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Have you see the prices they’re still getting for waterfront property? Even in these "hard times" warerfront seems to be one of the few things that's not getting any cheaper. If you can’t afford waterfront don’t worry because - as most of us know - the further you can get from any body of water the cheaper the land gets.
That wasn’t always the case here in Maine. In our town there’s was an old sea captain’s house on a six acre plot of land that fronted on our beautiful blue bay. But the captain’s house sat on the road at the other end of the lot about as far from the water as it could get.
One time I was talking to Clarence Tucker - a local historian - about the old Captain Butler homestead and I had to ask him why he thought Captain Butler would do something odd like build a house as far from the water as he could, giving the house no view of the water from any window.
Clarence began by saying that that wasn’t the oddest thing old Captain Butler did in his long life. He didn’t elaborate on the particular theme but got back to the subject at hand.
He said people back then felt differently about the waterfront and the harbor the town was built on. In those days people went everywhere by boat and boats brought most of their food and necessities. People’s lives were ruled by tide tables and packet schedules. Harbors back then where loud, busy, smelly places where hundreds of people worked. From early morning to late at night there were ships coming and going.
Clarence said having a view of the bay back then would be like someone today wanting a view of a busy exit on the Maine Turnpike or a large, noisy truck depot. He said people back then were also sick of sailing since they had to sail almost everywhere they went.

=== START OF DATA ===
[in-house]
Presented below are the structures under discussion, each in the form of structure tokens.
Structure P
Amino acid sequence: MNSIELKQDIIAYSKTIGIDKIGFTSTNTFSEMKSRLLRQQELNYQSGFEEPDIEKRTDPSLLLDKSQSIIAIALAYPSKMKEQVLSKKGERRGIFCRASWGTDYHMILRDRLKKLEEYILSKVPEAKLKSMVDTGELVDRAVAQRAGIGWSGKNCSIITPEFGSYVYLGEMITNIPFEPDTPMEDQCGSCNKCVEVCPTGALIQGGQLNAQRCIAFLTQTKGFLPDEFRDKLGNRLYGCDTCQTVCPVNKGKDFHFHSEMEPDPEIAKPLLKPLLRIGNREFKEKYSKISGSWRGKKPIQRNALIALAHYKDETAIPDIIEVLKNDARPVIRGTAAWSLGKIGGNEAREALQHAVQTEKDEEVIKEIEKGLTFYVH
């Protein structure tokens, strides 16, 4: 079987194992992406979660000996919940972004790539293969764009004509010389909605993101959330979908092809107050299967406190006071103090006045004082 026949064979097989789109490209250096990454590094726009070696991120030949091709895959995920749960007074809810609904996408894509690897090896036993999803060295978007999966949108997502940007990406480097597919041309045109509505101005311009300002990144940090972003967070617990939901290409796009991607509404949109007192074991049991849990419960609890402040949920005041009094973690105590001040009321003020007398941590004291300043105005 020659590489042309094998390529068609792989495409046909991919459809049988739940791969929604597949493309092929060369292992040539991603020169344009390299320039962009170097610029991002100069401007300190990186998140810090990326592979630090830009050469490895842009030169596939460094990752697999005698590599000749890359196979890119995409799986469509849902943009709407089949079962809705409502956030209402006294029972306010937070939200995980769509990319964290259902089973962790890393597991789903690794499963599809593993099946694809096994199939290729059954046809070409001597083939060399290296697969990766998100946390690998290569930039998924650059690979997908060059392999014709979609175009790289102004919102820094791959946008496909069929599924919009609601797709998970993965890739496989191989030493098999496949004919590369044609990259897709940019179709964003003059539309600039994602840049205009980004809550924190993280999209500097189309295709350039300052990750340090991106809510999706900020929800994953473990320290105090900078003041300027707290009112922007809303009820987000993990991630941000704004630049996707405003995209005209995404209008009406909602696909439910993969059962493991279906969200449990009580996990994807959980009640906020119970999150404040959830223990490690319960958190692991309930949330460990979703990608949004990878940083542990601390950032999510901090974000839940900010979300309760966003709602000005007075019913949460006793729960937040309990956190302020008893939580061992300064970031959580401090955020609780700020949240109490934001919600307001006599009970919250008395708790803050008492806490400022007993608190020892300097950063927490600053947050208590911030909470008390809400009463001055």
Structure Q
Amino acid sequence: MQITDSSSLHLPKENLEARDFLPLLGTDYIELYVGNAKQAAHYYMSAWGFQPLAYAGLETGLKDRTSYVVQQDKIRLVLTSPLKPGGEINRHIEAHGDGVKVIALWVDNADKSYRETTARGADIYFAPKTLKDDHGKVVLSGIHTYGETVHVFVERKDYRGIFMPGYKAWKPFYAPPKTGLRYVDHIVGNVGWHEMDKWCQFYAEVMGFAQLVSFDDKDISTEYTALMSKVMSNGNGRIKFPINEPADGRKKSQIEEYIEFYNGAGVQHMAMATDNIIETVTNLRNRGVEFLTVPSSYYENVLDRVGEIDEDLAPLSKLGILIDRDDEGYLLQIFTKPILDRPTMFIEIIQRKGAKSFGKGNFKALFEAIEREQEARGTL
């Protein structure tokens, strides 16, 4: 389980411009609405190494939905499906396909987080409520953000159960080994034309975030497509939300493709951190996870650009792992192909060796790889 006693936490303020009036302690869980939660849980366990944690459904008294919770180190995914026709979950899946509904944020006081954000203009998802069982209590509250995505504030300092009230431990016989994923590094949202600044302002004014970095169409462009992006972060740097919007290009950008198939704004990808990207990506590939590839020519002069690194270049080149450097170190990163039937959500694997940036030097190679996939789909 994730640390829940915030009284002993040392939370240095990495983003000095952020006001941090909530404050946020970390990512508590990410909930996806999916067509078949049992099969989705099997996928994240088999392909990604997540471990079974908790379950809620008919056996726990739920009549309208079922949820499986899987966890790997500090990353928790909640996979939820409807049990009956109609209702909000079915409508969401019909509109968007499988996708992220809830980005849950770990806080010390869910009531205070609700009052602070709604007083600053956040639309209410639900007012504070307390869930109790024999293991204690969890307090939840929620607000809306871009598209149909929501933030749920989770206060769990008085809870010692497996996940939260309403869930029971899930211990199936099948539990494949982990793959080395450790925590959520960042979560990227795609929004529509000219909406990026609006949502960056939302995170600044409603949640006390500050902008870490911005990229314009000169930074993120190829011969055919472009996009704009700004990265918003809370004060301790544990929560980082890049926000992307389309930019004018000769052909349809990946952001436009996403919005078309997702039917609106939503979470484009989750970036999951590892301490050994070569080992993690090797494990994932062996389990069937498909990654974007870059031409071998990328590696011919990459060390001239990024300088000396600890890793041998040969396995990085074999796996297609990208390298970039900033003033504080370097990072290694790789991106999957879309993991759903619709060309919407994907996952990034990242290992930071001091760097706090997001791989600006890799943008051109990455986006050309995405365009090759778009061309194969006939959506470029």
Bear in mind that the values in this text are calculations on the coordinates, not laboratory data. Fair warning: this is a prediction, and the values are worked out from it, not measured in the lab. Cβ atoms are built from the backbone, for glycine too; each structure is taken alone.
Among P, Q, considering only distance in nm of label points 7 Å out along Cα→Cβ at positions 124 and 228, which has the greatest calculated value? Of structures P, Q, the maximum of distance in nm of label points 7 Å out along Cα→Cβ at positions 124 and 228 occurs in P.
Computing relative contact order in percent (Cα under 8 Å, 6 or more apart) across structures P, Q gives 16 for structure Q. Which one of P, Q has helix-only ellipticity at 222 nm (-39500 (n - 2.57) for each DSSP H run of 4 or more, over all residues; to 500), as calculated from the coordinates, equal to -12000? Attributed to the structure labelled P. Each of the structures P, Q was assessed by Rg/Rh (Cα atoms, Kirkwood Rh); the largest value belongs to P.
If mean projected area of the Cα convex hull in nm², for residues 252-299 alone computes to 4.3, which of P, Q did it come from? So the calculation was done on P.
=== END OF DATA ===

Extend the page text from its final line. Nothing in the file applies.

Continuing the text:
He said the rock-bound land outside the harbor was even less desireable to people back the.
Clarence then went on to tell a story about someone in town who owed Captain Brown’s a debt of $25. To settle the debt the man offered to give Capt. Brown a piece of land that stretched along the oceanfront about two-thousand feet and was about 200 feet deep. At today’s prices the piece would easily be worth several million dollars but Capt. Brown said he wanted the money not the worthless piece of land.
You see, he said, back then land only had value if it could be used to grow food, graze livestock or provide firewood. This particular strip of land was rocky, windswept and barren and was therefore judged to be worthless, said Clarence. That’s why this debtor was willing to give it to Capt. Brown to settle a $25 debt.
"But Capt. Brown didn’t take the worthless piece of land," said Clarence, and, under similar circumstances he didn’t think anyone else in town would have taken it either.
Clarence said back then, when people wanted a nice place to relax they bought a camp that was usually located on a quiet lake. Lakes had no tides, no smelly clam flats, no bait shacks and never had large schooners loading and unloading at all hours of the day and night.
Getting back to today’s cost of waterfront, when you consider that over 70 percent of the earth’s surface is water you’d think every bit of land there was would have some view of a body of water. You’d think that land that had no water view at all would be so rare, so exceptional that it would sell for a premium price.
But people's feelings about land have changed before and - if times get rougher - could change again. Maybe that worthless piece of land you have may be worth a fortune some day. So don’t go offering it to the bank to pay off your credit card debt.
John McDonald is a humorist and storyteller who performs regularly
throughout New England. John’s e-mail address is mainestoryteller@yahoo.com.
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